Often left alone to manage Ashland as a young bride, Josephine became one of the earliest experts on pedigrees.  When Clay died, she took over Ashland, became one of the first really liberated women of her time and even bred a Kentucky Derby winner in Riley (1890).

Overall, 11 Kentucky Derby winners were bred on the Ashland property, most of them descending from Clay’s famed foundation mares Magnolia and Margaret Woods.  Many, like Skedaddle, were by Clay’s fine sire Yorkshire.

Skedaddle

Skedaddle is the tail-female descendent of a Kentucky Derby winner,  1878 victor Day Star; a Kentucky Oaks winner in Come And Go (1945); an Argentine classic winner in Lord Jim and two nice G1 fillies in Miss Iron Smoke (Spinaway S.) and Love Street (Sorority S.)  Then there is Let Her Fly, the real “meat” of the family.  (For the purposes of this story, we will be dealing only with her and the attached chart will reflect this.  Obviously, due to space limitations with so old a line, only the major winners will be listed.)

Let Her Fly was an unraced half sister to stakes winners Houston and Lady Hannibal, neither of which won major stakes.  She was sired by the French stallion *Pataud, a grandson of St. Simon.

From these humble roots came a voluminous number of stakes winners from Travers victor Arise to Broodmare of the Year Cara Rafaela and her classic-winning son Bernardini to Jockey Club Gold Cup victor On The Sly to Alabama Stakes victress White Star Line.

If the line has a fault, it is that it has not produced a horse which can be said to have altered the breed in any meaningful way.  Maggie B. B., on the other hand, could have a book written about Fall Aspen, Alablue, Cozzene, or Unbridled’s Song, all of which have made enormous contributions to the breed was we know it today.

The nice thing about all this is that Bernardini could be the horse who changes the tide of the Skedaddle branch of Magnolia.  And his dam is not yet through producing, so this chapter of this family’s story is not yet complete by any means.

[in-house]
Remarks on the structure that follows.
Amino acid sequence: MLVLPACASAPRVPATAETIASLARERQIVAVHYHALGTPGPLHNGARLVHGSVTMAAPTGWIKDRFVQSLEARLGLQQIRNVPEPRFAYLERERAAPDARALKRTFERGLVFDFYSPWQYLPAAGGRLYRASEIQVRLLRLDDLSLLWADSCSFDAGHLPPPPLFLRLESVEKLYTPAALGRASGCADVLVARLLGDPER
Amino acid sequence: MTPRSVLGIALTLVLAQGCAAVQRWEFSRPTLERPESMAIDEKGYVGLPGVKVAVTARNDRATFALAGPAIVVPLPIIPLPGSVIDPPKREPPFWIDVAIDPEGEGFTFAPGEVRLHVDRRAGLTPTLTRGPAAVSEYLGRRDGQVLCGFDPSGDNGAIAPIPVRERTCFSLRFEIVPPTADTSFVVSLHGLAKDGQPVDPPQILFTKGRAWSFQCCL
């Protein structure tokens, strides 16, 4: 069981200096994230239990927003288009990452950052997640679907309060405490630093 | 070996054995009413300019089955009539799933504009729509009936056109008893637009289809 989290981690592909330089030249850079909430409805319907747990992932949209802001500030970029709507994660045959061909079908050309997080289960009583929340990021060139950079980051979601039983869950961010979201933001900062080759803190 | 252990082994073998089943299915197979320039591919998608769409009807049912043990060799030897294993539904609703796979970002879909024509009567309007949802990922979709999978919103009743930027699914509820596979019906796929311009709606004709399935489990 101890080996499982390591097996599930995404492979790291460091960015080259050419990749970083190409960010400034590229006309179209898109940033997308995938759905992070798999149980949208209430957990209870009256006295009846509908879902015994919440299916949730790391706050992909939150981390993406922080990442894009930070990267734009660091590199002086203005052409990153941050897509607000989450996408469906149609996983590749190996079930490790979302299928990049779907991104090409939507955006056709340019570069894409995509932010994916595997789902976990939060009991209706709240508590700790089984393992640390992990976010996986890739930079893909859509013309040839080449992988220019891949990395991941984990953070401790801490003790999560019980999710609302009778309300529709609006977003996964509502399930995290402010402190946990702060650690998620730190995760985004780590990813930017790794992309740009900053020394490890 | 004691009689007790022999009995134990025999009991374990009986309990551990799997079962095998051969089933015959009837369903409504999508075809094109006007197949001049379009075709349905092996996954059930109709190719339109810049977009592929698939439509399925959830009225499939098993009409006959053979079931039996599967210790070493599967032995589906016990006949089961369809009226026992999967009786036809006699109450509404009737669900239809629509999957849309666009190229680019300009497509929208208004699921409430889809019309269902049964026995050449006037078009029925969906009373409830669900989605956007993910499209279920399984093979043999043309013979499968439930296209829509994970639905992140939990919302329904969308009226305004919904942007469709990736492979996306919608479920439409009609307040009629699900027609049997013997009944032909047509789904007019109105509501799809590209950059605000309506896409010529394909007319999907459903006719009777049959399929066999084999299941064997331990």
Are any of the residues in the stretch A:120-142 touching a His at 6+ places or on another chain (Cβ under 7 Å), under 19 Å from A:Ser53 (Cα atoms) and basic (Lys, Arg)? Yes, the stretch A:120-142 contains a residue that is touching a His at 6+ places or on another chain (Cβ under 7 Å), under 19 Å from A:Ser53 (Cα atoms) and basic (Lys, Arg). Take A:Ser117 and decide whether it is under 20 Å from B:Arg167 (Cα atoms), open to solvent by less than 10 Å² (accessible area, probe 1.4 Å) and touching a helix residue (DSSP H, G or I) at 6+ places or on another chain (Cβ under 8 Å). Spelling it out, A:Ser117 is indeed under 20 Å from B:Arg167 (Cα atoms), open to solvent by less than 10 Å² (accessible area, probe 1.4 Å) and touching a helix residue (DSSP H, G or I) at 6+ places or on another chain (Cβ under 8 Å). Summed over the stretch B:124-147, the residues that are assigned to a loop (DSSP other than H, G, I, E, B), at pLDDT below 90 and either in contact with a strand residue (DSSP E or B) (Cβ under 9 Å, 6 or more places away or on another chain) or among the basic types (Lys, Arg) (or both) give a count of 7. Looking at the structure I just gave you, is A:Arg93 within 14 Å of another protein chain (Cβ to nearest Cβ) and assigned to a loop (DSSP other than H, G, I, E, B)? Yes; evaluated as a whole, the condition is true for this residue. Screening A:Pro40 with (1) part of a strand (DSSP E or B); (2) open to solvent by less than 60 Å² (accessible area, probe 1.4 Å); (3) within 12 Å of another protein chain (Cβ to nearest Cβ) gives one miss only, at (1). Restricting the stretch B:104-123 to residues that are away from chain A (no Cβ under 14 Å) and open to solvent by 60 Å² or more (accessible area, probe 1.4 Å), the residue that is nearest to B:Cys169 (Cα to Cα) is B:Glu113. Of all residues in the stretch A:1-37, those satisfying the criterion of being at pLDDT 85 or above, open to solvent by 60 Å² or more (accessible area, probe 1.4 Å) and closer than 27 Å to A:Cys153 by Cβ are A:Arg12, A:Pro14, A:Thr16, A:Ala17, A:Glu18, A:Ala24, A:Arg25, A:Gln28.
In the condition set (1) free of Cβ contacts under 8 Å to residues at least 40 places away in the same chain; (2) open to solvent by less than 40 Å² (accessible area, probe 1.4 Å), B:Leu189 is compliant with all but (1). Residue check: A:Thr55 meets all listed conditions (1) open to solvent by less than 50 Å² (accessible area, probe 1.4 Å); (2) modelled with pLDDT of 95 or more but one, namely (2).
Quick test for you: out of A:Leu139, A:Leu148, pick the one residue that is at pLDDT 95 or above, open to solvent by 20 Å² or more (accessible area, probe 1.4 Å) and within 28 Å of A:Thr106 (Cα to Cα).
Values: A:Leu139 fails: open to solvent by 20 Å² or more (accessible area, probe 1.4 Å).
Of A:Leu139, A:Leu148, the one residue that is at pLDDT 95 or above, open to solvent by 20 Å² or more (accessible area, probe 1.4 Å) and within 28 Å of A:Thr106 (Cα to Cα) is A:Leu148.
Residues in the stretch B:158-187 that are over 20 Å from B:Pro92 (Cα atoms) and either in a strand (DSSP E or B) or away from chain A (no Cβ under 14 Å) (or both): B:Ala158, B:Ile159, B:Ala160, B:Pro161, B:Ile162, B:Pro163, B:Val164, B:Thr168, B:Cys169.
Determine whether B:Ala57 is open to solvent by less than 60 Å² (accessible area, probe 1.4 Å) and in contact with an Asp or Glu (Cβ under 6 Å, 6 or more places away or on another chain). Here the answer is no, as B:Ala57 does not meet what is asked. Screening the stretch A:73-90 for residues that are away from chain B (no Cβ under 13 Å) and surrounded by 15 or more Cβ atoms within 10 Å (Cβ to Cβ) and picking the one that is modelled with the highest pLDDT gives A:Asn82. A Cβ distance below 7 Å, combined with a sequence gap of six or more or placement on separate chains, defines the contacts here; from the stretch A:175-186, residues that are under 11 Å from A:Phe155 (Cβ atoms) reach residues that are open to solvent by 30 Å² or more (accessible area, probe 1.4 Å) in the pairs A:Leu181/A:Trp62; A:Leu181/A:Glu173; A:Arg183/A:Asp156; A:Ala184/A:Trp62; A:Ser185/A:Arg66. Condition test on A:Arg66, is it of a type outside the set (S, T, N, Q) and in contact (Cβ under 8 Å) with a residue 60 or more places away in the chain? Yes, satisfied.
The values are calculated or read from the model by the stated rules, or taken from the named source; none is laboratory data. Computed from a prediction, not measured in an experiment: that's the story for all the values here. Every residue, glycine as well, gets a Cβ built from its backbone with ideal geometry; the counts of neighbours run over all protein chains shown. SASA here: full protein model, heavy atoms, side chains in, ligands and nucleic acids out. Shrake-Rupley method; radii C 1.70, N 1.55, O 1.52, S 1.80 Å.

Bad News In A Major Double Up

One mare in particular we want to point out in the immediate family is G1 winner Miss Huntington by Torsion.  She is the most important winner inbred to the immediate family, carrying a 3 x 3 cross of half sisters Fast Line and Nimble Feet (x2 Throttle Wide).

Miss Huntington was a stakes producer, getting listed stakes winner Hollywood Reporter by Saratoga Six.  However, she got six colts from nine reported foals and that is never a good thing.

Of her three daughters, none have made a dent in saving the family tree.  One is a full sister to Hollywood Reporter by Saratoga Six named Canfield Miss who had a dead foal her first year at stud.  Our current printout showed nothing else for her.  Miss Huntington’s A. P. Jet daughter, Miss Miracle, also produced a dead foal in her first outing.

So if this daughter of Torsion is going to carry on, the likely agent will probably be her Alysheba daughter On My Shoulder, who had just one foal – a daughter by Matty G. named Star Julia.  Star Julia has had several foals, none of note to date, but perhaps if she is bred back to something that fits well there is a chance to save this notable mare’s contribution.